FARRELL — Before Jennifer Wallace applied to direct the Prince of Peace Center, she prayed about it.
That's fitting, because the center is a charitable venture of the Roman Catholic Diocese of Erie. But once Wallace filled out the application, she left no doubt that she wanted the job.
Joe Flecher, the previous CEO, said Wallace called him at the Prince of Peace office to make sure she was still on the center's radar.
"I was like a dog with a bone," Wallace said.
Her persistence and desire paid off. Wallace began work Sept. 30 as the new CEO at Prince of Peace, replacing Flecher.
Flecher said Wallace's passion for the job played a role in her getting the job.
"Absolutely," Flecher said. "It was her desire, her willingness, her openness."
Wallace said she will continue that pattern as she makes the CEO job her own.
"I'm very transparent. I'll tell you like it is, whether you like it or not," she said. "
Flecher will continue to work with Wallace through the end of this month to bestow the lessons he learned in his 16 years as the charity's director.
When Flecher first started, he said the state and federal governments were more generous about supporting private charities than they are today. Now, he said social service funding is more difficult to come by, and organizations like Prince of Peace have to rely on private donations, which are likewise dwindling.
With the decline in funding, Flecher said Prince of Peace has had to become more imaginative about its work, with an emphasis on helping people who help themselves. The center offers a slate of classes, including financial counseling and budgeting, legal counseling on housing issues and nutritional guidance.
The classes come with an enticement — when a client completes the course, Prince of Peace pays one of their bills. That way, Flecher said, the lessons learned multiply the impact of Prince of Peace's financial help.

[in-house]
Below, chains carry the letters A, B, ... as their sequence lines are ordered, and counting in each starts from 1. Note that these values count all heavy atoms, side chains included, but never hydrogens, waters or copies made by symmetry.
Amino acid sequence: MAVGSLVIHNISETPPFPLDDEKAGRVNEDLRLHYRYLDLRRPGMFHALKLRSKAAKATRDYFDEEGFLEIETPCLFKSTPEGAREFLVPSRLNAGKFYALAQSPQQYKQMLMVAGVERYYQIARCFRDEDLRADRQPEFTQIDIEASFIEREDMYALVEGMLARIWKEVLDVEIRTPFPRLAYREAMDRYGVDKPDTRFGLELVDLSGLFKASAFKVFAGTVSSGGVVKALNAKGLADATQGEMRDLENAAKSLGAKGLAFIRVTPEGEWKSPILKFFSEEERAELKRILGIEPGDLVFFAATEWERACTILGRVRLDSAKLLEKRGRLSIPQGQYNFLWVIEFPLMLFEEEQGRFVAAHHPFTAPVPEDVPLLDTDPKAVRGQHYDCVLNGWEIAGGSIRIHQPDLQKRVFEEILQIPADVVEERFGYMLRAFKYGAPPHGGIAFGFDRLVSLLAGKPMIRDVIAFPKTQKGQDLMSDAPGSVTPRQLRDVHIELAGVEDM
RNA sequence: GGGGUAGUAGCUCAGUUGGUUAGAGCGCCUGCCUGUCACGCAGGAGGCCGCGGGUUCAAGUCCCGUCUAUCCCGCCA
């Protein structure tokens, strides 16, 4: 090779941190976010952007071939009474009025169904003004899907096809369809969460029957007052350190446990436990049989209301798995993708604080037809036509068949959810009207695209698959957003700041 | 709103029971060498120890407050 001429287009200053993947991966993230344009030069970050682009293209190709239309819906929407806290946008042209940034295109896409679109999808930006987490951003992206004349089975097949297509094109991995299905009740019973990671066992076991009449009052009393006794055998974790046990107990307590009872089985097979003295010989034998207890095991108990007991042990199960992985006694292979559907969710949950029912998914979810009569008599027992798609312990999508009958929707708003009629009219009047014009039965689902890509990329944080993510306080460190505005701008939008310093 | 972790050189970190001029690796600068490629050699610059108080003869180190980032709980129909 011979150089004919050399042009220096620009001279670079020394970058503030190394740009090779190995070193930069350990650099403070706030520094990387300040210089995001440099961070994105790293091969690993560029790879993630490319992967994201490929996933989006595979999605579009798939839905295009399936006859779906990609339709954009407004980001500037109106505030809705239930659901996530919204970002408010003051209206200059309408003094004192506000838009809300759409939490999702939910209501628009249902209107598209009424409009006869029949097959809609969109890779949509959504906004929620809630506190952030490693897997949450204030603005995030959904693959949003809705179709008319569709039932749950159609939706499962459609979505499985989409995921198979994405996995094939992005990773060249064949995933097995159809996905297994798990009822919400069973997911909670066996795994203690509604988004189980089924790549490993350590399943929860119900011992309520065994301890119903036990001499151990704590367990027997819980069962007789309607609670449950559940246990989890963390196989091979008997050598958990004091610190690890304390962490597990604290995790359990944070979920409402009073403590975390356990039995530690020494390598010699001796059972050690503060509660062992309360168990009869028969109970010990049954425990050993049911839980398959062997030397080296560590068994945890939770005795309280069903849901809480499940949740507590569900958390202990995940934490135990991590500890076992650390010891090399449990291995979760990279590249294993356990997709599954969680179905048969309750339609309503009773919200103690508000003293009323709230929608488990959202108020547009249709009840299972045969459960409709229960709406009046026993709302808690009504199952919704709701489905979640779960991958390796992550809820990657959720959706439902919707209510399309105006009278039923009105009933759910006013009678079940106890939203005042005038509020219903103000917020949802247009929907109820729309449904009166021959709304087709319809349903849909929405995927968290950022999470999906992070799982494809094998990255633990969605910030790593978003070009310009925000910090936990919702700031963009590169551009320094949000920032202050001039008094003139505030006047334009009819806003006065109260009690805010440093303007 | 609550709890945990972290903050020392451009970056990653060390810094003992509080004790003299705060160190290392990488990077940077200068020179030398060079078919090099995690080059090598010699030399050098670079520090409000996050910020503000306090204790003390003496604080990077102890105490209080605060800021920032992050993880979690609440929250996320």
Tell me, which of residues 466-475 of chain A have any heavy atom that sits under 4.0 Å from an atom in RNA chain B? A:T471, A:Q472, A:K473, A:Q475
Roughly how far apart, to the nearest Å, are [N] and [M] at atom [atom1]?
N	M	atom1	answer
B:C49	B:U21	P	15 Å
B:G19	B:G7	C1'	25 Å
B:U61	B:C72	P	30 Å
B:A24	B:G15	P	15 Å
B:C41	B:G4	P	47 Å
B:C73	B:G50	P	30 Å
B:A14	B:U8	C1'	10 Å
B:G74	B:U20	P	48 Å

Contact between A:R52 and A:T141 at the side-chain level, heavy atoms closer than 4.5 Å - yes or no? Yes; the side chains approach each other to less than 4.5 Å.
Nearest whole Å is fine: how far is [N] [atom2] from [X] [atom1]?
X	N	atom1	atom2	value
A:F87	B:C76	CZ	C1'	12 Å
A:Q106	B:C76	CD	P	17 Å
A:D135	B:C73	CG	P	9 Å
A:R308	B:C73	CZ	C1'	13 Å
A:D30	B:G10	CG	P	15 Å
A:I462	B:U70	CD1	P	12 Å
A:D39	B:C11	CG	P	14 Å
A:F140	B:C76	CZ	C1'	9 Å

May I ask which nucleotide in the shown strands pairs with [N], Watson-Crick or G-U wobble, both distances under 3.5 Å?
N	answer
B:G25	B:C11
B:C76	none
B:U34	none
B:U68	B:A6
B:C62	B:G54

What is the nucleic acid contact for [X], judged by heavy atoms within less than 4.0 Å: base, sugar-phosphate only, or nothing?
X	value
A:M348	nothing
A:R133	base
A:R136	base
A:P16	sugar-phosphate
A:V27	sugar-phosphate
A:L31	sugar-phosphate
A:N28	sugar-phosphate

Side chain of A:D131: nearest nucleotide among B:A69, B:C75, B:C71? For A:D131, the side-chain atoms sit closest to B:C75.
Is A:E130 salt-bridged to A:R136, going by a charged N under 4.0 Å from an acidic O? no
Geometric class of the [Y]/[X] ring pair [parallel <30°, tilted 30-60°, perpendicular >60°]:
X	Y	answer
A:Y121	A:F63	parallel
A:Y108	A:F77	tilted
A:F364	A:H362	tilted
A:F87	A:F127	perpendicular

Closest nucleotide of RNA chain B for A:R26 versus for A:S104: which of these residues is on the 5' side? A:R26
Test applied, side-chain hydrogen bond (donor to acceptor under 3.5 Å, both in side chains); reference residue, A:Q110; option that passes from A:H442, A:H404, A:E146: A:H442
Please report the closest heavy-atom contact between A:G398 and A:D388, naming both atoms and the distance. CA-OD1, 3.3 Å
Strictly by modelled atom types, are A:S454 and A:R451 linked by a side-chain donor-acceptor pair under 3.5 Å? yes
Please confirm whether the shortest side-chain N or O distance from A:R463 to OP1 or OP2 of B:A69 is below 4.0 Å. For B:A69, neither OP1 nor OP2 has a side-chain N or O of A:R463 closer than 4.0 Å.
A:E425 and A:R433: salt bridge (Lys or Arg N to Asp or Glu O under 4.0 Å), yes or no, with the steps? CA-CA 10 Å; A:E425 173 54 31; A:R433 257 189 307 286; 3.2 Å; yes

"The person feels like they're not getting a handout," he said.
Prince of Peace, founded in 1983, is one of the most active charities in the Shenango Valley, where it is well-known for its annual Thanksgiving and Christmas dinners.
With Wallace's addition to the Prince of Peace administrative team, it will strengthen its ties to the area.
Flecher, who lives in North Sewickley Township, Beaver County, said he has been dedicated to his work at the Farrell-based charity, and he acknowledged that Wallace, like Prince of Peace, is rooted in the Shenango Valley community.
For Wallace, the desire to return home was a consideration. Wallace, who grew up in Brookfield, is a lifelong resident of the Shenango Valley.
She started her career as a registered nurse, and moved from there into an administrative role with Sharon Regional Hospice and Almost Family/LHC Group, operating hospice operations throughout the United States. That job meant spending a lot of time away from her home.
"I missed my connections and I missed my community," said Wallace, who lives with her husband in Sharon. "You're out in Berwick, Pa., where you have nobody but the people you work with."
Wallace said she faces a challenge in maintaining and expanding programs in the face of declining support. But she is ready for that task.
"That's my goal," she said. "Keep it going."
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